Archive for April, 2012

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It was 5:00 p.m. Nate was behind the wheel inching through traffic, I was putting on makeup in the passenger seat, and Gabe was squalling in the back. After six months of planning, five weeks of being new parents, and a very long week of polishing our presentation for The Slave Next Door, we were exhausted.

Earlier in the week, only about 100 tickets had been purchased (for a venue that fit 700). Several event partners had backed out at the last minute. With a Project Peace ace planning team that hadn’t stopped working since November, we believed that the event would still be a great one–Kevin Bales alone would have made it that way. But in the minutes leading up to the event, the possibility of anticlimax was looming.

Friday afternoon we asked many of you to pray with us that God would make the event a success–and he did–in bigger ways than we could’ve imagined! By the time the first speaker took the stage, nearly 400 people were there. In a reception beforehand, 35 leading anti-trafficking agencies were able to hear directly from Kevin Bales. Nate and I were able to shake his hand and tell him that his book Disposable People played a large role in our year in the Philippines.

Local trafficking survivor Minh Dang kicked off the evening, sharing her story of being sold by her own parents. She urged us to resist putting survivors in the “victim” box, and instead focus on the hope and new life that is possible for women like her. She is currently getting her PhD in trauma care, and speaking to groups all around the Bay Area.

Kevin Bales started his talk by saying “I didn’t know it was Minh I was waiting for, but I’ve been waiting fifteen years to meet Minh,” he said, comparing Minh to Fredrick Douglass and Harriet Tubman. He affirmed the work she was doing, saying that the world needed more people like her–not more white male professor-types like him.

That same combination of expertise, humility, and grace characterized the keynote address Dr. Bales gave, the most inspiring talk on modern-day slavery that we’ve ever heard. His research illustrates both the magnitude of slavery and how to address it. His work has informed the national governments in both Britain and the U.S. He showed us multiple pictures of slaveholders with slaves, and noted “these people are free now,” thanks to his organization, Free the Slaves.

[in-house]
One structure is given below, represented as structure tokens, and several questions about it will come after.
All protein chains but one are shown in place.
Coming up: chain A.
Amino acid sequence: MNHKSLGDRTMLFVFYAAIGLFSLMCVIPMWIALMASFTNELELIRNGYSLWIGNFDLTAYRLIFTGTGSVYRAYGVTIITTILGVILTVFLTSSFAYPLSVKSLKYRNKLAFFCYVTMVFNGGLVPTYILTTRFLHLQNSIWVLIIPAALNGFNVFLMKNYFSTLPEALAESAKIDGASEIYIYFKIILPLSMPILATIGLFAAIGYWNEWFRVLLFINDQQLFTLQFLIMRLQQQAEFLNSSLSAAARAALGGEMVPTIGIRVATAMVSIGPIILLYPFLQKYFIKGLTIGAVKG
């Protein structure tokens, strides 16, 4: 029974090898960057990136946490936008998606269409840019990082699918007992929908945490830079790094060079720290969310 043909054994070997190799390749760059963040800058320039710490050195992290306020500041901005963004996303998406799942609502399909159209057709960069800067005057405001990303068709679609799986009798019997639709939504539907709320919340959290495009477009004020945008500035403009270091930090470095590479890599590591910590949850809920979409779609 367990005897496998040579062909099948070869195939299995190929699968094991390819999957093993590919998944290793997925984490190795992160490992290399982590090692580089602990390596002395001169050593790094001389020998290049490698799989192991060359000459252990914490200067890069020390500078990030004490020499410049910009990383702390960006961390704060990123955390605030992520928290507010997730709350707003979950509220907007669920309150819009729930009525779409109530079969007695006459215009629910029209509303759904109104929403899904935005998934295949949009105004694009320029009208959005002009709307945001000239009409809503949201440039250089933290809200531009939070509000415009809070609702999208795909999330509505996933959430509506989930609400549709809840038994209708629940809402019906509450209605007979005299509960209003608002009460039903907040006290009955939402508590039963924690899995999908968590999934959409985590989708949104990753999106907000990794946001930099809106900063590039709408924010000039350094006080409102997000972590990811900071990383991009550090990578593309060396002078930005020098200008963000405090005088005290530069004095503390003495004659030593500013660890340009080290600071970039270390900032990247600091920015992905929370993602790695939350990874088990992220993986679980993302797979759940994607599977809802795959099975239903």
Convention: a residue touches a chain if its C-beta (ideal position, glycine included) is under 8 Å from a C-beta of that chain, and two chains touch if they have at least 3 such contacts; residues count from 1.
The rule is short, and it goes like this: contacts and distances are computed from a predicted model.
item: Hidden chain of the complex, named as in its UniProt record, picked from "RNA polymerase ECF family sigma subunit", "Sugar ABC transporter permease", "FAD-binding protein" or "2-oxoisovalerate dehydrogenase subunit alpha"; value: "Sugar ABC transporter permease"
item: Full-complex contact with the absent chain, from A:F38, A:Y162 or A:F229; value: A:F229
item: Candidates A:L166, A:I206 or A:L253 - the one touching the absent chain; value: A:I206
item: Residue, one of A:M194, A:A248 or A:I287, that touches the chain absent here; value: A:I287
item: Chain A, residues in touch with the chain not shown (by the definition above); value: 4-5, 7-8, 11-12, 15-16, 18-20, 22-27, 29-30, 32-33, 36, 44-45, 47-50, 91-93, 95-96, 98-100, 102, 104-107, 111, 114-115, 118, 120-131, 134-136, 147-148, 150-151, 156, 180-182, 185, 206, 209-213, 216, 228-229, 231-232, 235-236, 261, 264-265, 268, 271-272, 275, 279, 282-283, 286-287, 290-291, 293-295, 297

The speaker portion of the evening ended with a call to action–first through us sharing a bit of our story (which you can watch on the 5-minute video below), and then with a passionate panel of anti-trafficking experts including Bales, Oakland Police officer Holly Joshi, Trade as One founder Nathan George, and Tashina Manyak from MISSSEY. Officer Joshi and Tashina talked about Oakland, which is a major hub for sex trafficking girls, and encouraged the audience to vote for politicians who support anti-trafficking measures, volunteer locally, and help shift our culture away from sexualizing girls and women, and toward holding men accountable for their use of prostitution and pornography. Officer Joshi emphasized that the perpetrators are often “regular” guys–coworkers, friends, neighbors, and husbands. (We were encouraged to learn that at the end of the evening, MISSSEY’s volunteer sheet was completely full!) Nathan George and Kevin Bales encouraged people to buy fair trade, to make a daily investment in freeing people from poverty and modern-day slavery around the world.

The night ended with a fair trade bazaar, where people could sample fair trade chocolate and buy everything from greeting cards to purses to coffee. They could also talk with people from 35 anti-trafficking organizations and learn about volunteer and donation opportunities. There was so much enthusiasm that we had to kick people out at the end of the night when the janitors needed to lock up.